It’s a frustrating scenario that many BART riders have endured. You’re dashing down the escalator at, say, Powell Street station in downtown San Francisco , only to discover that your Antioch-bound train isn’t coming for another 20 minutes — if it’s not canceled altogether. Or maybe you left something important back at your apartment or at work and need to go retrieve it before you head to your destination. Either way, you tag out and exit the station without ever riding a train and find that your Clipper card is charged with a $6.40 “excursion fare” regardless. The fee was introduced at BART in the 1970s with the intention of preventing some forms of fare evasion and establishing a set cost for tourists and transit fans who wanted to take BART without a specific destination in mind. Today, those commutes account for just 1% of all BART trips, according to an executive decision document the transit agency shared with SFGATE. BART also found in its 2022 fiscal year ridership … [Read more...] about BART just adopted a major policy change to address excursion fare fee
Months ago, in what now feels like another era, publishers planning their 2020 schedules hoped to avoid releasing books in the fall, typically the industry’s biggest season. Editors and writers worried that new releases would be lost in the deluge of political news leading up to the presidential election, so publishers jammed some of their biggest titles into the spring. Now, a reverse exodus of sorts is taking place. Publishers are pushing back the release of dozens of books to summer and fall, in hopes that by then the coronavirus outbreak will be waning, bookstores will reopen, and authors will be able to tour and promote their work. Some of the most anticipated titles of the spring have been delayed by weeks or months — including the latest by the best-selling children’s book author Jeff Kinney, literary novels by Graham Swift and Ottessa Moshfegh, and nonfiction books by Representative Eric Swalwell of California, the Netflix chief executive Reed Hastings and the comedians and … [Read more...] about They Were Meant to Be the Season’s Big Books. Then the Virus Struck.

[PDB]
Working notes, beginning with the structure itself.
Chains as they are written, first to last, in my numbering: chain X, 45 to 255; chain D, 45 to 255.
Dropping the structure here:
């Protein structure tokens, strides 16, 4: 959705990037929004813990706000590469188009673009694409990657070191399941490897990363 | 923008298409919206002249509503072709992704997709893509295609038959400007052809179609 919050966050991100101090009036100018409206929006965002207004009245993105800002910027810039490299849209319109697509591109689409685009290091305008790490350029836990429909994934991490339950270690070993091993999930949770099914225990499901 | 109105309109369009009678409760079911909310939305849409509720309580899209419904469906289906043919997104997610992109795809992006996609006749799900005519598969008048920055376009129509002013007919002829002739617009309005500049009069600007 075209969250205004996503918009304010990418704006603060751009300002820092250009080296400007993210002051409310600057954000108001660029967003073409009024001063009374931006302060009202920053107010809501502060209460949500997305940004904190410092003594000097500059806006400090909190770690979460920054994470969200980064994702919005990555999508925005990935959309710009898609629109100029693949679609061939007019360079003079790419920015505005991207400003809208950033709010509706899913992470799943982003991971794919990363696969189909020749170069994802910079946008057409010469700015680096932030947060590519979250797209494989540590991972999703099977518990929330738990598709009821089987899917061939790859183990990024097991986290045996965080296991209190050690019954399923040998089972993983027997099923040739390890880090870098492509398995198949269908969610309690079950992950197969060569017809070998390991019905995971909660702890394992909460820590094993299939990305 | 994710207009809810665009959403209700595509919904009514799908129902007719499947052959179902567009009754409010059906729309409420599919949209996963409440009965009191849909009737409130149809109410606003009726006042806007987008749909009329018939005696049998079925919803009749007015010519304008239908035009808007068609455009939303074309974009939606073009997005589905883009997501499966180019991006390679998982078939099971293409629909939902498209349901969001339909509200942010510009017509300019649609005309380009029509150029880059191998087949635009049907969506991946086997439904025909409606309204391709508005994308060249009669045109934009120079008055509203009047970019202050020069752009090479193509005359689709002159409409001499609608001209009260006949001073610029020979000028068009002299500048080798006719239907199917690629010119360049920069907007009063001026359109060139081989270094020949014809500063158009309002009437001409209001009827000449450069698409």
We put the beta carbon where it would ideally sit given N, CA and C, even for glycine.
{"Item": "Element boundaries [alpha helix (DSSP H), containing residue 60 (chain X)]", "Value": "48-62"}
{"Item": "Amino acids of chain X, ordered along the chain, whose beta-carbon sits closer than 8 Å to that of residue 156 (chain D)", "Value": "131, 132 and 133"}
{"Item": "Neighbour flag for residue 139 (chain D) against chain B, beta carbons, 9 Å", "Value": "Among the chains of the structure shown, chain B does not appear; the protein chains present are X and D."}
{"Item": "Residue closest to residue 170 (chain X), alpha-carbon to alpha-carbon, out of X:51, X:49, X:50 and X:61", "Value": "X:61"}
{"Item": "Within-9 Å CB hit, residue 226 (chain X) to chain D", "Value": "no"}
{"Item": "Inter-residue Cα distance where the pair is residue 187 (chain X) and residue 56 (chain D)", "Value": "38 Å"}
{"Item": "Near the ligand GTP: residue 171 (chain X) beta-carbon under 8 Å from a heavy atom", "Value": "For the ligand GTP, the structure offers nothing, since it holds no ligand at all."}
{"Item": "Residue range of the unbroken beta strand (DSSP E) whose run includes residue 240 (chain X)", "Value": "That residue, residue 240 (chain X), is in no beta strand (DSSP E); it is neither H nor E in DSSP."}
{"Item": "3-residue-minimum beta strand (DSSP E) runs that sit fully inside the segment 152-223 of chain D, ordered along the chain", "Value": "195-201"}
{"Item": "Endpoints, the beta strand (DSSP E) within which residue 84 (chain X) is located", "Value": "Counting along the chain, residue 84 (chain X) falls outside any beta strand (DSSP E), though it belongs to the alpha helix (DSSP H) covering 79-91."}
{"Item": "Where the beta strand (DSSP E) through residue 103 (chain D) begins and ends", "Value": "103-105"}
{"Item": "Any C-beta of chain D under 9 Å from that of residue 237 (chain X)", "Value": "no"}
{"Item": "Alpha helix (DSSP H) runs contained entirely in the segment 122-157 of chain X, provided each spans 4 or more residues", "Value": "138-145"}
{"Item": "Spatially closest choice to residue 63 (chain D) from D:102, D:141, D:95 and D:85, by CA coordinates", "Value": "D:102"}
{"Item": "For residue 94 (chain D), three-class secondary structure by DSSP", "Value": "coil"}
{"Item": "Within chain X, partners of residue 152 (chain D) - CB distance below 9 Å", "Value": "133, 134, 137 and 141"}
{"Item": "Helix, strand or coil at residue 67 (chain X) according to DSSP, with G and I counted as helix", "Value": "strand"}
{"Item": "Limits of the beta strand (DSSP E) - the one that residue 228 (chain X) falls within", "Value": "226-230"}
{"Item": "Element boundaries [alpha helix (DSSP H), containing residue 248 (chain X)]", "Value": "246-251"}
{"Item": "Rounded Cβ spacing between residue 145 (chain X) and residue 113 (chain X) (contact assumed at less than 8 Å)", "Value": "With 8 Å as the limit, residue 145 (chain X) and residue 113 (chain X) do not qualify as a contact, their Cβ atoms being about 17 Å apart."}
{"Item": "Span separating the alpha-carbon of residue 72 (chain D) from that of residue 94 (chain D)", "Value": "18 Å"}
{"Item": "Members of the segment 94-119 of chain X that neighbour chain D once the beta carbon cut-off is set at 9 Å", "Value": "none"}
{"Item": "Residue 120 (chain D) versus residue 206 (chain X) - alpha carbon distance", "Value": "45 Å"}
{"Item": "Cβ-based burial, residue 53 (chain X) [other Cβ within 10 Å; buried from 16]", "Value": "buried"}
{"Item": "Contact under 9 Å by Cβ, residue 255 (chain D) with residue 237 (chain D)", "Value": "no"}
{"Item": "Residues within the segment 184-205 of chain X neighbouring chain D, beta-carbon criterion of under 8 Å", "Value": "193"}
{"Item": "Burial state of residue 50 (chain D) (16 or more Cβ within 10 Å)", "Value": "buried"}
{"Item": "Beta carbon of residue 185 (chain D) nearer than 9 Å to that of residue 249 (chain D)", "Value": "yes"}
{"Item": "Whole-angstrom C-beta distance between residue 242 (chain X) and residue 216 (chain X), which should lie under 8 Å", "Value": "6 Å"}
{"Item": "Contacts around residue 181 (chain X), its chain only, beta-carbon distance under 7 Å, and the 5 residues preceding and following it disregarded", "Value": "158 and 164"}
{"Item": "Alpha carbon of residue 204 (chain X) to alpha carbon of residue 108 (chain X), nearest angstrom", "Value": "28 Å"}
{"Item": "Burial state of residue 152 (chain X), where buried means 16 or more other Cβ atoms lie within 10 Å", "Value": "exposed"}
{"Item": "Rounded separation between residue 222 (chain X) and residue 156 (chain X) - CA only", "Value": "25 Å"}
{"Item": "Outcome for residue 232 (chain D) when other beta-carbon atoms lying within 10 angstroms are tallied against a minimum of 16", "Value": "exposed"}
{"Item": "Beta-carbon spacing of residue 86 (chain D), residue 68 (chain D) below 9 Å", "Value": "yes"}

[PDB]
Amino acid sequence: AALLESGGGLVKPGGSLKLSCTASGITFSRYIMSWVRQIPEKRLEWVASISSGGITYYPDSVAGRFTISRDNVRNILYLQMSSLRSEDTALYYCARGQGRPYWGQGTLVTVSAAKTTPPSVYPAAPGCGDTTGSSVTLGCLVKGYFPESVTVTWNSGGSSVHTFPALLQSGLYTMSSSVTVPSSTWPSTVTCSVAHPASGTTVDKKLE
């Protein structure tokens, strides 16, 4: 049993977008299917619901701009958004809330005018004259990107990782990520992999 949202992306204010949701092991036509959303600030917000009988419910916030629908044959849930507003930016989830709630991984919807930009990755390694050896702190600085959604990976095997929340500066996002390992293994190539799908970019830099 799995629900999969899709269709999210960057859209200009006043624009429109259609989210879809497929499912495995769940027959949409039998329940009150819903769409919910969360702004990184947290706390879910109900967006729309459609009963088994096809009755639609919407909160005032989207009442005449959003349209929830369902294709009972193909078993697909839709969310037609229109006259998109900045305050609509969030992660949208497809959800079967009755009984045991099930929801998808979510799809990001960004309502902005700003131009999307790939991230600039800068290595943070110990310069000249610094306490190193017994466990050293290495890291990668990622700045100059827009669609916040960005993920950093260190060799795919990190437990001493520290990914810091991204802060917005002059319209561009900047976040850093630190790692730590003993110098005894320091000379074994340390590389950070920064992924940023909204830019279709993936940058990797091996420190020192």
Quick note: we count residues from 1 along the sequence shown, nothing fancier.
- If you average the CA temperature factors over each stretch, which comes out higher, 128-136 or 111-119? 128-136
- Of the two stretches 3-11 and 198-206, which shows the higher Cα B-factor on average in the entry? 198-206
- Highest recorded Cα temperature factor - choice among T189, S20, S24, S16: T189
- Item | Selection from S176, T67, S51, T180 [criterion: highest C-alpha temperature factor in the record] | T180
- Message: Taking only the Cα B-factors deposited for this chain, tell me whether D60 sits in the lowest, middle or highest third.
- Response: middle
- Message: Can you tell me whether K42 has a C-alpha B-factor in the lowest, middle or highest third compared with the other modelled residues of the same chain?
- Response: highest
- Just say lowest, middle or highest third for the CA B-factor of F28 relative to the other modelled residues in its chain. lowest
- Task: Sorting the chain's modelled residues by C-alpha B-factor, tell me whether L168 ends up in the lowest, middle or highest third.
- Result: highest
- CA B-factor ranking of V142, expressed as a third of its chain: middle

When weighing whether to tackle a role, Chiwetel Ejiofor considers just how much the thought of it rattles him. He welcomes the rattling. “If you’re worried about it, if you’re frightened by it, if you think, gosh, this is going to be tricky to pull off,” he said, “then you’re probably talking yourself towards doing the part.” “I would stay shy of terror,” he continued. “But I think that the very first feeling always has to be concern .” Ejiofor had all sorts of concerns about his lead role in the new Showtime series “The Man Who Fell to Earth,” premiering Sunday. In the show, Ejiofor plays the alien Faraday, a fish-out-of-water protagonist (in several ways, but more on that later) who comes to Earth on a mission to save his own dying planet — and, in turn, possibly ours. There was a lot to prompt concern. For one, he plays a space alien with four stomachs and zero social skills, who arrives on Earth not knowing how to walk or talk or even drink water without things … [Read more...] about Chiwetel Ejiofor Was Asked to Play a Space Alien. He Knew What to Do.